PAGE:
Morphological operation is actually to change the shape of an object. For example, corrosion is "getting thinner" and expansion is "getting fatter". You can see from the following figure:
Experience: morphological operations generally act on binary graphs to connect adjacent elements or separate them into independent elements. Corrosion and expansion are aimed at the white (i.e. foreground) part in the picture!
Open / close operation
Corrosion before expansion is called open operation (because corrosion first will separate objects, which is easy to remember). Its function is to separate objects and eliminate small areas.
Experience: many people are not very clear about the role of opening and closing operation, but look at the figure ↑, don't be afraid: if there are many irrelevant small areas outside our target object, use the opening operation to remove them; If there are many small black holes inside an object, they are filled with closed operations.
Why do we have to open and close the operation with expansion corrosion? In fact, the most important point of opening and closing operation is that it can maintain the original size of the object. Then one is to eliminate the holes in the object, and the other is to enhance the connection points between the objects.
Other morphological operations
- Morphological gradient: subtracting the corrosion diagram from the expansion diagram to obtain the contour of the object:
Expansion and corrosion can achieve the following effects:
1. Eliminate noise
2. Separate image elements are segmented and adjacent elements are connected in the image
3. Find the obvious maximum or minimum region in the image
4. Calculate the gradient of the image
Note: both corrosion and expansion are for the white part (highlighted part) of the image. Expansion is the expansion of the highlighted part in the image, which is similar to domain expansion. The effect image has a larger highlighted area than the original image; Corrosion is that the highlighted part of the original image is corroded, which is similar to the field being eroded. The effect image has a smaller highlighted area than the original image.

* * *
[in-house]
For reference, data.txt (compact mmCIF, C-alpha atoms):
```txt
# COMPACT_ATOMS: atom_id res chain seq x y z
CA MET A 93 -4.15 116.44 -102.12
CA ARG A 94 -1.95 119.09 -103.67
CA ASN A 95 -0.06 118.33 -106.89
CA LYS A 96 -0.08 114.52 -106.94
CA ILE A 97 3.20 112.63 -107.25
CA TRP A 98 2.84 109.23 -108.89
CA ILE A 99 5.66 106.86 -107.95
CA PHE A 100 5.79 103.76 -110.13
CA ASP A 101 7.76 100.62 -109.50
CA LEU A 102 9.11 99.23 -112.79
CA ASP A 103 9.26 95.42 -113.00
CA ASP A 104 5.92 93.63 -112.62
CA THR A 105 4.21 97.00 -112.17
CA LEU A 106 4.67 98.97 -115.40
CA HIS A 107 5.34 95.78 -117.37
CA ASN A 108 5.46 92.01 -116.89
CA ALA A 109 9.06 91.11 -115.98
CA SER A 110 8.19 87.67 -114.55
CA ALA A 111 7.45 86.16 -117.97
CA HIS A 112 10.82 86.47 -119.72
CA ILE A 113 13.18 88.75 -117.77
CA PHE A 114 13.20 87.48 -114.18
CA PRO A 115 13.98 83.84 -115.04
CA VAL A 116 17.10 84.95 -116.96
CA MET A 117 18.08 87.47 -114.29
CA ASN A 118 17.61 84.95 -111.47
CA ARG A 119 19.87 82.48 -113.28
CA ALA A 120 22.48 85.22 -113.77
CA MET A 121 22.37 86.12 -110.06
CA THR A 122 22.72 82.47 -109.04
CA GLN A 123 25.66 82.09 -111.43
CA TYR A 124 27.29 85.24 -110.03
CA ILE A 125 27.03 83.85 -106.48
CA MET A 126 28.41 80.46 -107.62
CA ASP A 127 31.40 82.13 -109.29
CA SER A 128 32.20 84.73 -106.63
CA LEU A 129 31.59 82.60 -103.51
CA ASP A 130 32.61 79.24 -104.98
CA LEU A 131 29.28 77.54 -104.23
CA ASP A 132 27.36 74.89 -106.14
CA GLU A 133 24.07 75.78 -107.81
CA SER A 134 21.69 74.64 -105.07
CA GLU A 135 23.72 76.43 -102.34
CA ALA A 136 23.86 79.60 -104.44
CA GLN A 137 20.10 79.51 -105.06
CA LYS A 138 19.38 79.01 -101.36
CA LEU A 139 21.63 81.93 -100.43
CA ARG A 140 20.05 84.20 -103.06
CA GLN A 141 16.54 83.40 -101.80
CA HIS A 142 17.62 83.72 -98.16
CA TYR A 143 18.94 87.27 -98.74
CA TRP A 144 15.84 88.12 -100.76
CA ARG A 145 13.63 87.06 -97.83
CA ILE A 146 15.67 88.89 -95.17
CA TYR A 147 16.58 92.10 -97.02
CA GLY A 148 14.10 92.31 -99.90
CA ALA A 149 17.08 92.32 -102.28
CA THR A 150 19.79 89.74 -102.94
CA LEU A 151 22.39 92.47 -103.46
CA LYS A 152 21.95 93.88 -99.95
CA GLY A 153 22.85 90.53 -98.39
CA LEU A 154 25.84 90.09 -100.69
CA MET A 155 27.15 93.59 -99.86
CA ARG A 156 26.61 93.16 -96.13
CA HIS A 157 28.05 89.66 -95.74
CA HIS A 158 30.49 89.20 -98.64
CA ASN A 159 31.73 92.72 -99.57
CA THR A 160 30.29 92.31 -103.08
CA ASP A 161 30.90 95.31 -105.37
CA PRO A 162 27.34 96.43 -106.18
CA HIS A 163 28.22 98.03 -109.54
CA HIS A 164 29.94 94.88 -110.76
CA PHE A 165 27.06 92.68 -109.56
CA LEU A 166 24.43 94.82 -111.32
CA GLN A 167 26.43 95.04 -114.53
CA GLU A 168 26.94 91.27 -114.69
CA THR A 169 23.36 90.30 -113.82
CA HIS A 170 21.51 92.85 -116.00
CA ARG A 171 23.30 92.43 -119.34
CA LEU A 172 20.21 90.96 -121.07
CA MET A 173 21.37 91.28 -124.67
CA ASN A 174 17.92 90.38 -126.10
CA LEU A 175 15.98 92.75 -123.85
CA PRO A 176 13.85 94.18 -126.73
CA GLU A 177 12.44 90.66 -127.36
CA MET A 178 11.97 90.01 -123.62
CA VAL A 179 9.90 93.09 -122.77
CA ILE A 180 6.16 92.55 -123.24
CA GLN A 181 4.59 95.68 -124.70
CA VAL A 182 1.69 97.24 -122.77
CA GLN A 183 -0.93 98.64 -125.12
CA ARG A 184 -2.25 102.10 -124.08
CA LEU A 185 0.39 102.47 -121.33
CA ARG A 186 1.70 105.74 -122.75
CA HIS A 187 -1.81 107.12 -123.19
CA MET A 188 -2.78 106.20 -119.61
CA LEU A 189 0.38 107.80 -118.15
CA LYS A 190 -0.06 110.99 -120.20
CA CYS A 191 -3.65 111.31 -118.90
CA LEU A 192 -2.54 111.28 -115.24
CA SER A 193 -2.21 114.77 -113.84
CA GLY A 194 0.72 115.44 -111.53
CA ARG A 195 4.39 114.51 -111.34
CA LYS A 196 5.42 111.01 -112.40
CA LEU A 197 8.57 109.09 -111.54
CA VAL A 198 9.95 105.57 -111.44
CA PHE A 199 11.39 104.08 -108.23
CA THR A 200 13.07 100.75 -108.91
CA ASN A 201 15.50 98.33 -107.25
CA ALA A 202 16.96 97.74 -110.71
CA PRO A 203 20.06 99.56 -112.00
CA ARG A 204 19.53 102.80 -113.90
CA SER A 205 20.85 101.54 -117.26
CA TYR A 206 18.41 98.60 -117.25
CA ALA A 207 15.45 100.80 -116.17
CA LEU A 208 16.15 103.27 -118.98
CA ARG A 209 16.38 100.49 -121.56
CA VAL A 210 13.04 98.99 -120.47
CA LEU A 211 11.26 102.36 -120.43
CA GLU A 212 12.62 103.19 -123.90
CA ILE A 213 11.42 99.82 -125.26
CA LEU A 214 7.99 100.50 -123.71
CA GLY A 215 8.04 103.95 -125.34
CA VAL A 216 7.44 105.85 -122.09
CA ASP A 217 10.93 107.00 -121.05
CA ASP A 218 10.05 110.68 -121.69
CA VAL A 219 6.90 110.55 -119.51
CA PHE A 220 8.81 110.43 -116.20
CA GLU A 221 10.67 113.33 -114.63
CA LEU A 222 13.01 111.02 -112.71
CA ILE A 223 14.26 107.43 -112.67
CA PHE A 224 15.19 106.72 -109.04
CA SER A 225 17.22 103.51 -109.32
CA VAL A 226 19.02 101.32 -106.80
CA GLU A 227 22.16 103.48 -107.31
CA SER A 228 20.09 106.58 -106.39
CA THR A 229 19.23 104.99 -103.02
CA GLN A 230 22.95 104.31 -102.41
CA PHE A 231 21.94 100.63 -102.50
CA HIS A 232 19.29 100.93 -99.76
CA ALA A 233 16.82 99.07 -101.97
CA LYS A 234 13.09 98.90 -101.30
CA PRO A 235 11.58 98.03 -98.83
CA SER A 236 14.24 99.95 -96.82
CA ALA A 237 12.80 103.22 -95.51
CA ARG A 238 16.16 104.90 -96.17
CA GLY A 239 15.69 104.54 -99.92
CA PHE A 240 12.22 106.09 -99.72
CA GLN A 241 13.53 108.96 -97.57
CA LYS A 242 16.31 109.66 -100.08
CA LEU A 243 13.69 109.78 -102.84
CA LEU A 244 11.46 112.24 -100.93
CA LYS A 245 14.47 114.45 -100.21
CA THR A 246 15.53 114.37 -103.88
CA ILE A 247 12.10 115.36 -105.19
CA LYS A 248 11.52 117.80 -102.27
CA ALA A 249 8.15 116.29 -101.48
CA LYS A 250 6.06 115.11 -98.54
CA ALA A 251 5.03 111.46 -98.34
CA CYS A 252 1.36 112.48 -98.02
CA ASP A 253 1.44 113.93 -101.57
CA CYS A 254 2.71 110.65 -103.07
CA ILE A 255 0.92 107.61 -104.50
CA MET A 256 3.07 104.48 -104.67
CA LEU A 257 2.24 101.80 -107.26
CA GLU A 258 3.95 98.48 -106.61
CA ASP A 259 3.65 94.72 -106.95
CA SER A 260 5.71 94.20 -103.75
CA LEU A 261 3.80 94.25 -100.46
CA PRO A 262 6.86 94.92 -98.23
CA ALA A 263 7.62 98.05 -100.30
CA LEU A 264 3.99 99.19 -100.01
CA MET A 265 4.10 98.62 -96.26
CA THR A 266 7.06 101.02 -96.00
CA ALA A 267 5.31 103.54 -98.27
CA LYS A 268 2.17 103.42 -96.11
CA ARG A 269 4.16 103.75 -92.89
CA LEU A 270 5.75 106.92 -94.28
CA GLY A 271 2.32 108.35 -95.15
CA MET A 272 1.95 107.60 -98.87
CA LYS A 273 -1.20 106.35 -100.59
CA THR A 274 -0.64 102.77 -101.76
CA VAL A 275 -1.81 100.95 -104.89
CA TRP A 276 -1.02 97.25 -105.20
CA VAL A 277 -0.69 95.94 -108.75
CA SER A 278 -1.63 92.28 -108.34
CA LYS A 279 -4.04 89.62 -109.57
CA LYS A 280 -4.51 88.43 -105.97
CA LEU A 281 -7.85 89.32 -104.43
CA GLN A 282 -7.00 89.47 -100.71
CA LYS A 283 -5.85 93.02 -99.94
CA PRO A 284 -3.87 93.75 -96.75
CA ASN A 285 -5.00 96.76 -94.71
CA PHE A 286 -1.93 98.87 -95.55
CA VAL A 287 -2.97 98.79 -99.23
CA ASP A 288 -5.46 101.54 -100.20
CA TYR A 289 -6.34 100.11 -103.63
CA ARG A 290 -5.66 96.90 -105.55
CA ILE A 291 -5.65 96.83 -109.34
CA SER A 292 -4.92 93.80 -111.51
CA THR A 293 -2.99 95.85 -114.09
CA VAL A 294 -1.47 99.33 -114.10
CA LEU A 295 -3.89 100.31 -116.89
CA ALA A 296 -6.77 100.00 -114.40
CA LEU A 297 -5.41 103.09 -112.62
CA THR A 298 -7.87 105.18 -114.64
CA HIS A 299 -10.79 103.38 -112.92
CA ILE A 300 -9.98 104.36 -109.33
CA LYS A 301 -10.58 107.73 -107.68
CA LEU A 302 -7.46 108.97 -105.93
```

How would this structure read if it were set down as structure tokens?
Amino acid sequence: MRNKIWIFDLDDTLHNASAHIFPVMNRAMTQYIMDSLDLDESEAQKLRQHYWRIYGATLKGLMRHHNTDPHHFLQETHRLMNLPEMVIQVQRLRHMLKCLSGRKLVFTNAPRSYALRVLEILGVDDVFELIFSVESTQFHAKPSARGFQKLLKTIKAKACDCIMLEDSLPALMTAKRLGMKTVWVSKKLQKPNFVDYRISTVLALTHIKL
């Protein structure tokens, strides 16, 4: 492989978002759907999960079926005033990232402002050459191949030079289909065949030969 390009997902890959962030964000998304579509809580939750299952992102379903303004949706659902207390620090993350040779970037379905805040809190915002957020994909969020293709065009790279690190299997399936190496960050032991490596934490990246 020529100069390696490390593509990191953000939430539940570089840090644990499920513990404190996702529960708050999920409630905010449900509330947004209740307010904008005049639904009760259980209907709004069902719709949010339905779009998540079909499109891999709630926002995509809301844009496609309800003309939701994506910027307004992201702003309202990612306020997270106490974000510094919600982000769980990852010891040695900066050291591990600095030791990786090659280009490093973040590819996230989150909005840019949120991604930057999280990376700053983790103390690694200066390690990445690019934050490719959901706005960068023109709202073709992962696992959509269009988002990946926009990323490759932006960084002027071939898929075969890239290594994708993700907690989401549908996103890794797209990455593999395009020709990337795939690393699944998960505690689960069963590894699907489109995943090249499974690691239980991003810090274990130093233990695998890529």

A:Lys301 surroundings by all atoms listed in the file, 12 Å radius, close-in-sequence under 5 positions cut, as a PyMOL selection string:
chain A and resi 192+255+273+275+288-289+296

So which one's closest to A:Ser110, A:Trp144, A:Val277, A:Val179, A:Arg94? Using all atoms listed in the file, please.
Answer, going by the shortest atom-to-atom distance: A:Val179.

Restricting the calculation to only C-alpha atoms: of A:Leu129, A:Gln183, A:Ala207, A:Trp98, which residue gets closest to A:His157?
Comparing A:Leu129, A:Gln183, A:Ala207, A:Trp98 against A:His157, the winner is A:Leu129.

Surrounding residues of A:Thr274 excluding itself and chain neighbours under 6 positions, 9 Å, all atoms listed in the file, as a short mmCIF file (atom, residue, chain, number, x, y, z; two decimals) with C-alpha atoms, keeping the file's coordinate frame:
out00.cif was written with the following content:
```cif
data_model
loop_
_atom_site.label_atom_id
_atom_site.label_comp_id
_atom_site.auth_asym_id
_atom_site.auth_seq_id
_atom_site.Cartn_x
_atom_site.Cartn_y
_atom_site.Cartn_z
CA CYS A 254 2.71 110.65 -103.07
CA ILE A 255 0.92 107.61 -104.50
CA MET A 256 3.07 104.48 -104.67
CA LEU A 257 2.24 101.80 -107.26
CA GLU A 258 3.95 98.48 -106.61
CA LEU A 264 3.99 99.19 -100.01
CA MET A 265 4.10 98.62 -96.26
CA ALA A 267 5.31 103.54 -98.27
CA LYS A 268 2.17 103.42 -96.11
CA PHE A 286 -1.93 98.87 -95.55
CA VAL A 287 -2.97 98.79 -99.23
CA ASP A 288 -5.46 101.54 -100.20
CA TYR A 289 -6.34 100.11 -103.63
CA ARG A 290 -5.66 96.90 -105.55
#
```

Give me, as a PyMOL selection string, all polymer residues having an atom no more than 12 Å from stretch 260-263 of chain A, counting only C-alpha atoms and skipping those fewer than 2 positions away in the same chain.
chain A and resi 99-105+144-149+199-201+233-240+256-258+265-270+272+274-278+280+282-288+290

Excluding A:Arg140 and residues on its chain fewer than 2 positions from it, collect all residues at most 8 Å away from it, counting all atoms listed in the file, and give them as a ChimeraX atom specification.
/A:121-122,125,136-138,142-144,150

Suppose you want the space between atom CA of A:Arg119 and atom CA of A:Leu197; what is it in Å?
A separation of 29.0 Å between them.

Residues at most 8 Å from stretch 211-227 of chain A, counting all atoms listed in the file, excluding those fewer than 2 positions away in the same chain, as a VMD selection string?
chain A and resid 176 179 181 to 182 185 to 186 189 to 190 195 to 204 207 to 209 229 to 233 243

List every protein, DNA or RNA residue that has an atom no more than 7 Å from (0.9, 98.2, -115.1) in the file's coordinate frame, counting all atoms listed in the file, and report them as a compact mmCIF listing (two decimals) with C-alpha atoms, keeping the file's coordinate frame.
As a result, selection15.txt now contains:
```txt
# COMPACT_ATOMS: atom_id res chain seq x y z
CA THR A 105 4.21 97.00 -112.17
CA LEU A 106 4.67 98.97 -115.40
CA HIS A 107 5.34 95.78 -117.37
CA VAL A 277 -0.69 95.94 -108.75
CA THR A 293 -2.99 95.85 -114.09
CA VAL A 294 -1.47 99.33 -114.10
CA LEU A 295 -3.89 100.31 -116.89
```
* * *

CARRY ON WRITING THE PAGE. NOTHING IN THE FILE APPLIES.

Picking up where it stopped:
From a mathematical point of view, the expansion and corrosion operation is to convolute the image with the core, which can be of any shape and size.
How did inflation come about? Find the local maximum.
The original image is convoluted with the kernel, and the maximum value is given to the specified pixel, so as to make the bright one brighter. The effect is that the bright area expands.
Let's talk about Erosion:
The operation is the opposite of expansion. Find the local minimum.
It can be understood that moving structure B (core), if the intersection of structure B and structure A completely belongs to the area of structure A, the location point is saved, and all qualified points constitute the result that structure A is corroded by structure B.
A the result of corrosion seems wrong, as if it should be like this:
. partial codes
% Feature point matching % Point type matching % tic; toc time % After finding a feature point, find forty endpoints or intersections around it, and count the number of intersections and endpoints of forty points % If the proportion of breakpoints in the two images is approximately the same, they are matched % fff=abs(f11-f21)/(f11+f12) The closer to 0, the higher the matching degree close all; tic; clear; thin1=tuxiangyuchuli('zhiwen.png'); thin2=tuxiangyuchuli('zhiwen.png'); figure; txy1=point(thin1); txy2=point(thin2); [w1,txy1]=guanghua(thin2,txy2); [w2,txy2]=guanghua(thin2,txy2); thin1=w1; thin2=w2; txy1=cut(thin1,txy1); txy2=cut(thin2,txy2); [pxy31,error2]=combine(thin1,8,txy1,60); [pxy32,error2]=combine(thin2,8,txy2,60); error=1; num=20; cxy1=pxy31; cxy2=pxy32; d1=distance(cxy1(1,1),cxy1(1,2),num,thin1); d2=distance(cxy2(1,1),cxy2(1,2),num,thin2); f=(sum(abs((d1./d2)-1))); if(f<0.5) error=0; else error=1; end f c11=find_point(cxy1(1,1),cxy1(1,2),txy1,1); c12=find_point(cxy1(1,1),cxy1(1,2),txy1,2); c21=find_point(cxy2(1,1),cxy2(1,2),txy2,1); c22=find_point(cxy2(1,1),cxy2(1,2),txy2,2); cxy1(2,:)=c11; cxy1(3,:)=c12(2,:); cxy2(2,:)=c21; cxy2(3,:)=c22(2,:); x11=cxy1(1,1);y11=cxy1(1,2); x12=cxy1(2,1);y12=cxy1(2,2); x13=cxy1(3,1);y13=cxy1(3,2); x21=cxy2(1,1);y21=cxy2(1,2); x22=cxy2(2,1);y22=cxy2(2,2); x23=cxy2(3,1);y23=cxy2(3,2); dd1(1)=juli(x11,y11,x12,y12); dd1(2)=juli(x12,y12,x13,y13); dd1(3)=juli(x13,y13,x11,y11); dd2(1)=juli(x22,y21,x22,y22); dd2(2)=juli(x22,y22,x23,y23); dd2(3)=juli(x23,y23,x21,y21); ff=sum(sum(abs((d1./d2)-1))) if ff<1 error=0 else error=1 end cxy1(2:41,:)=find_point(pxy31(1,1),pxy31(1,2),txy1,40); cxy2(2:41,:)=find_point(pxy32(1,1),pxy32(1,2),txy2,40); f11=length(find(cxy1(:,3)==2)); f12=length(find(cxy1(:,3)==6)); f21=length(find(cxy2(:,3)==2)); f22=length(find(cxy2(:,3)==6)); fff=abs(f11-f21)/(f11+f12) toc
3, Simulation results
 Real time identity authentication system based on high-capacity fingerprint identification [J]. China Science and technology information, 2021 (16): 11